• the use of genetic information in human research (as discussed in Chapter 3.5 of the National Statement on Ethical Conduct in Human Research).
Footnote

[1]   Scenarios 1, 2 and 3 deal with circumstances where consent has been provided or the patient chooses to contact relatives. These are included to demonstrate good practice in these more usual circumstances.

Structure of the guidelines

The guidance in this document is intended to satisfy the purpose of HPP 10(1)(c1) and 11(1)(c1). The document comprises four parts:

  • Part A lists the nine Guidelines that specify the requirements that must be met for disclosure to take place and provides an explanation of the terms used in the Guidelines;
  • Part B provides a summary of the Guidelines and key points for good practice;
  • Part C includes discussion of:
    • the amendments to the HRIP Act introduced in the Amending Act (Chapter 1);
    • ethical considerations, including factors involved in understanding specific situations (Chapter 2); and
    • requirements for use or disclosure without consent in accordance with HPP 10(1)(c1) or 11(1)(c1)  and good practice throughout the process of decision-making and, potentially, disclosure (Chapter 3); and
  • Part D includes a number of scenarios, which provide general guidance on how authorising medical practitioners and disclosing health practitioners may meet the requirements under HPP 10(1)(c1)  or 11(1)(c1)  and act in accordance with the Guidelines. However, it should be noted that the scenarios are to assist organisations tocomply with HPP 10(1)(c1) and 11(1)(c1) and the nine Guidelines. Acting in accordance with the scenarios does not necessarily protect against a breach of the HPPs or a breach of the duty of confidentiality (common law) (see Appendix 1).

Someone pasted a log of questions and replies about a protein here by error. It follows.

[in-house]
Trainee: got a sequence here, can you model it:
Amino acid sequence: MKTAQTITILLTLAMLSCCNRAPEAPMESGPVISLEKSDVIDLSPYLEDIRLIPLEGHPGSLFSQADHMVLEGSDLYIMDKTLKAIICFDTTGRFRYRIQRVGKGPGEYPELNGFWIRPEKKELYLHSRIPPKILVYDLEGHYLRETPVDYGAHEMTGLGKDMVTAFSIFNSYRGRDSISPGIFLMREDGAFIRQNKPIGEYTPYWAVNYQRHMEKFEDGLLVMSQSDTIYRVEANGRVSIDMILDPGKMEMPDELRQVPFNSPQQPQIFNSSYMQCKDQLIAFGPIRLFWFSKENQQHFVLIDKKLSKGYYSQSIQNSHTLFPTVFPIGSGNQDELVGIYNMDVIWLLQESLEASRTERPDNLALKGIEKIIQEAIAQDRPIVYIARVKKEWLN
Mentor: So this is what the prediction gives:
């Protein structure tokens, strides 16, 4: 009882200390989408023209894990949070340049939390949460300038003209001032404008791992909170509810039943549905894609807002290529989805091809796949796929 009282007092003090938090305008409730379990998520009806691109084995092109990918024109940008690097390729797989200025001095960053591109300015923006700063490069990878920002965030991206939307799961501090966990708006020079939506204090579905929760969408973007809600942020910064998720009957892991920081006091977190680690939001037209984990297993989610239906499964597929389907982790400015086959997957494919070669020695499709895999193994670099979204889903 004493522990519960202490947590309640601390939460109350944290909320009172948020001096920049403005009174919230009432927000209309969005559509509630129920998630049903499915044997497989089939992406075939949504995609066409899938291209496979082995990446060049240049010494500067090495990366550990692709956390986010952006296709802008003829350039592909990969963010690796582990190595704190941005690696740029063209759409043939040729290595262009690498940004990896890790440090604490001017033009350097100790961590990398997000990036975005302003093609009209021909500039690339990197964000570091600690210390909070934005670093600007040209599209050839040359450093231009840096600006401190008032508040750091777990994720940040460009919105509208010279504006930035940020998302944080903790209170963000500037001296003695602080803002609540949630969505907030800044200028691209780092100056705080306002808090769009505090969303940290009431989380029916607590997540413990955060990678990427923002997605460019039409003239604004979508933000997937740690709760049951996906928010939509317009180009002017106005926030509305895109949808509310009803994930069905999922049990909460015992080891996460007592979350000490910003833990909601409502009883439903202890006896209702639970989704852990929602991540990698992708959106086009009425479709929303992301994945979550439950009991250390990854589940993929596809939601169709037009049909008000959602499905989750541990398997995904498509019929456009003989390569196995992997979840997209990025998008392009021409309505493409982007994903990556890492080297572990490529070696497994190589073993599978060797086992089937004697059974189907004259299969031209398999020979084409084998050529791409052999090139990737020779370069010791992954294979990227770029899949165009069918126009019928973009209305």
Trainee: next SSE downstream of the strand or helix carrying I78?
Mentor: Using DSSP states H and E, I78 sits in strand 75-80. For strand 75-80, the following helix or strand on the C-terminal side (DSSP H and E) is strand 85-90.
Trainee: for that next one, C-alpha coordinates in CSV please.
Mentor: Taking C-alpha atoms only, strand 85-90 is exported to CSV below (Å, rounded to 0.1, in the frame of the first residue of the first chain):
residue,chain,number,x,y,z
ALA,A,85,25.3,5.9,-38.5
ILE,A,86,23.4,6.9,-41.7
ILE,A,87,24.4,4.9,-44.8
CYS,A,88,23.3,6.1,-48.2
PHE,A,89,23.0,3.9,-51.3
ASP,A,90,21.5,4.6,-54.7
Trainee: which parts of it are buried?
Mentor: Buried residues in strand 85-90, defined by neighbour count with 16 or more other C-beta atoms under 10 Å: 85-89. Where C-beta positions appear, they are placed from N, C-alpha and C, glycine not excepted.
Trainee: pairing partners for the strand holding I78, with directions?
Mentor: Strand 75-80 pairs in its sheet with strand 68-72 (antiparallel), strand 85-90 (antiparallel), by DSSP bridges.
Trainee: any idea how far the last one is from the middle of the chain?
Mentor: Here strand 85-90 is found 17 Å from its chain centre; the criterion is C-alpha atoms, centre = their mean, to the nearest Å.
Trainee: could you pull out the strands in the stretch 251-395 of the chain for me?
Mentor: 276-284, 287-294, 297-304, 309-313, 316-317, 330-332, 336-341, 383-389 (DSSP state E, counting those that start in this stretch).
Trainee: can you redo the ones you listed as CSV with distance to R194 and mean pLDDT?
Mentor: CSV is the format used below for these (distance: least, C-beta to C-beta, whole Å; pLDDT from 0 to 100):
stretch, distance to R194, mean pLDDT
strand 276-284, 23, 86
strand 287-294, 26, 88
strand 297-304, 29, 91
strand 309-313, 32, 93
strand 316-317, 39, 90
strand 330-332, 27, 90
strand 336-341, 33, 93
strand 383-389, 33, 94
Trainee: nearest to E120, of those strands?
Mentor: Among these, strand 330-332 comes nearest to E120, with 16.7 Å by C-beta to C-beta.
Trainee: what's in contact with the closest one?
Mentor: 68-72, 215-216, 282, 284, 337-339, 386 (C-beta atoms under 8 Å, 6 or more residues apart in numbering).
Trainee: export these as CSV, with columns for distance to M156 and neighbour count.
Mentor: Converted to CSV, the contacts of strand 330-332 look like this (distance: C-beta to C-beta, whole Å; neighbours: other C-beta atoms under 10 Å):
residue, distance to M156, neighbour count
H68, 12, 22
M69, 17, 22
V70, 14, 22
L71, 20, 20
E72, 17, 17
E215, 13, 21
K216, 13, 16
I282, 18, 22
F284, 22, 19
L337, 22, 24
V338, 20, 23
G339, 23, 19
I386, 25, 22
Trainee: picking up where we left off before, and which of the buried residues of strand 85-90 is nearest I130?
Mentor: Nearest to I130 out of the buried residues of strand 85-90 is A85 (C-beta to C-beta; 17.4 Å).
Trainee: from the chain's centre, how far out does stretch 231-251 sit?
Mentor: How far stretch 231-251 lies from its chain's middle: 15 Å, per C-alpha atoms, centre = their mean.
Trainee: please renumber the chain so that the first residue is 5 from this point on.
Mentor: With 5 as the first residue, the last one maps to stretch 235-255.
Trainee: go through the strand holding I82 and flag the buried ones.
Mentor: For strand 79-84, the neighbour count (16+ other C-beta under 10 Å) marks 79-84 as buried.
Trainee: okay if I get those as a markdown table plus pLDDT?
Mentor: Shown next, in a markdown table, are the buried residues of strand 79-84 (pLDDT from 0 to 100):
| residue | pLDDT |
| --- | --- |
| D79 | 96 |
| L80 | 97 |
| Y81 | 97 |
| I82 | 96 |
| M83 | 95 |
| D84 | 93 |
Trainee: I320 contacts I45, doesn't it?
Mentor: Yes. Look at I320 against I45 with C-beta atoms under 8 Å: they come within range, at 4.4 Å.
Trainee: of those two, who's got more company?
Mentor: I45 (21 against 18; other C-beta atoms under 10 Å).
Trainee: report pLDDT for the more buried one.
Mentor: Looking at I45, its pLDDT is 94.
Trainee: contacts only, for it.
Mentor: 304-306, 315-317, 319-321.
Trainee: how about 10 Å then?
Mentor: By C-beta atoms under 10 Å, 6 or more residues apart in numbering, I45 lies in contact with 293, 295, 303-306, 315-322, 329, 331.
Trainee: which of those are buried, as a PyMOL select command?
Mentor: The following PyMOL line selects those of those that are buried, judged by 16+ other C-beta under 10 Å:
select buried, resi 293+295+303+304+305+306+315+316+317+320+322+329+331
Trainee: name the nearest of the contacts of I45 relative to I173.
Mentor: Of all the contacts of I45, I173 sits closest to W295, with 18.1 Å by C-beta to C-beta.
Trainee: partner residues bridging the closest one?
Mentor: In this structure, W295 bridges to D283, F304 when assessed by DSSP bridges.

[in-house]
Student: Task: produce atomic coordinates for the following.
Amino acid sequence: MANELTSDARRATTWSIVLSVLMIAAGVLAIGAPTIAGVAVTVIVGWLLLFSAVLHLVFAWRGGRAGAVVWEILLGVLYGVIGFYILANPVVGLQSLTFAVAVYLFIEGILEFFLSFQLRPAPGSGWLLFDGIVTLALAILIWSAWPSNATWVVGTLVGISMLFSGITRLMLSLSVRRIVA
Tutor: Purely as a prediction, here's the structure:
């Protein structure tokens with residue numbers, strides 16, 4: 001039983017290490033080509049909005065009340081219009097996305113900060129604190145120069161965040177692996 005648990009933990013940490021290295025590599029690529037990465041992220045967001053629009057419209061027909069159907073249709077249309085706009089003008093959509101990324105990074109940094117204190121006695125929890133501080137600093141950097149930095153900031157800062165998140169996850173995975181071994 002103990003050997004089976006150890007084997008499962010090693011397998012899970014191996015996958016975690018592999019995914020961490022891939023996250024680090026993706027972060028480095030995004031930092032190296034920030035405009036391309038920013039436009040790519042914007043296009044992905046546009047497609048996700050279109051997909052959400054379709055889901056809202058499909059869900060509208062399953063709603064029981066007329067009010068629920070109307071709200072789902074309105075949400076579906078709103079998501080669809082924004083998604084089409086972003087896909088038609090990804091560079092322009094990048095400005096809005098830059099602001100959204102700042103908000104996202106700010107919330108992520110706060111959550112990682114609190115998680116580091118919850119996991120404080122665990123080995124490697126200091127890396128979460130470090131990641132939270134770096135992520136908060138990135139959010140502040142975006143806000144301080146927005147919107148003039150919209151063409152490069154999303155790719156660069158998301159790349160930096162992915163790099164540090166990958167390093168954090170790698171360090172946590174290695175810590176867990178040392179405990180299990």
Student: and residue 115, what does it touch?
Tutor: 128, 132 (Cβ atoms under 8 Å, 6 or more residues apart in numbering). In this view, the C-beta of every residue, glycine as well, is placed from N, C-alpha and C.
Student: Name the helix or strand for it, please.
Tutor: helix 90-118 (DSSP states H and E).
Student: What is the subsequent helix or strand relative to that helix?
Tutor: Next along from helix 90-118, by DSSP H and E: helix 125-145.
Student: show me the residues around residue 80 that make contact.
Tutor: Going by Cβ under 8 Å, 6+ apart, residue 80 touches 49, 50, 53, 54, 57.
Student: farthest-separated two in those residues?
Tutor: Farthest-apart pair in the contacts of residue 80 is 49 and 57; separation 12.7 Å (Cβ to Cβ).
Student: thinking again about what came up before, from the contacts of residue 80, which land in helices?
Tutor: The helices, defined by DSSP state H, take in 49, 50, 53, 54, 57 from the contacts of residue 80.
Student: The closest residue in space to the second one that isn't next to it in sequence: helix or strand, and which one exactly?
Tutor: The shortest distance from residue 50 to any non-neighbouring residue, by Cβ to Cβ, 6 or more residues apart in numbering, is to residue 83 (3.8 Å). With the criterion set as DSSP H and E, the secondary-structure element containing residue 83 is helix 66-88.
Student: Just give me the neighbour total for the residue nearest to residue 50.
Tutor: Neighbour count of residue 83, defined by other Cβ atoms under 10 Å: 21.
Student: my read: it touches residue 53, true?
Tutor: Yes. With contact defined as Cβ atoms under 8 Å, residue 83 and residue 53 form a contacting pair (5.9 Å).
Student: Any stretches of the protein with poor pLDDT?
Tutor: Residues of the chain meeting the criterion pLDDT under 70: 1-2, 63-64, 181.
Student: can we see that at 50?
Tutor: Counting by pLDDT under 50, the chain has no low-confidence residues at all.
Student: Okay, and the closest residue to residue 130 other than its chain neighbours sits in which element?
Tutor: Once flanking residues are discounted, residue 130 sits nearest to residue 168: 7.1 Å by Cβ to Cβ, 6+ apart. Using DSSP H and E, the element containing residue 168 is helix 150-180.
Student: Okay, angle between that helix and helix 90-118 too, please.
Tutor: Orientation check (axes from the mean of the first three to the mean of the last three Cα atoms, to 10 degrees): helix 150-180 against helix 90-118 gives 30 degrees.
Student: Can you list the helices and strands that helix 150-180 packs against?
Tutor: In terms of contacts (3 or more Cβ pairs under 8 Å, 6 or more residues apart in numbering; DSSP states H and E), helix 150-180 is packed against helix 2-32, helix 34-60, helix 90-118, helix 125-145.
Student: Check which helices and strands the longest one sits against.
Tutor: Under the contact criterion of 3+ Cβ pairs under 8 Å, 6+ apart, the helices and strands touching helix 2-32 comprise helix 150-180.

The appendices provide:

  • excerpts from the HRIP Act, including the HPPs (Appendix 1);
  • sample materials that can be adapted for local use (Appendix 2); and
  • answers to frequently asked questions (Appendix 3).

The Guidelines were adopted (with appropriate amendments) from the NHMRC’s “Use and disclosure of genetic information to a patient’s genetic relatives under s95AA of the Privacy Act 1988 (Cth)” to ensure consistency with the applicable Commonwealth standards. The Commonwealth Guidelines were approved by the Commonwealth Privacy Commissioner.

PART A: The Guidelines

PART B: Summary and practical guide

PART C: Considerations when deciding whether to disclose without consent

PART D: Scenarios

Appendices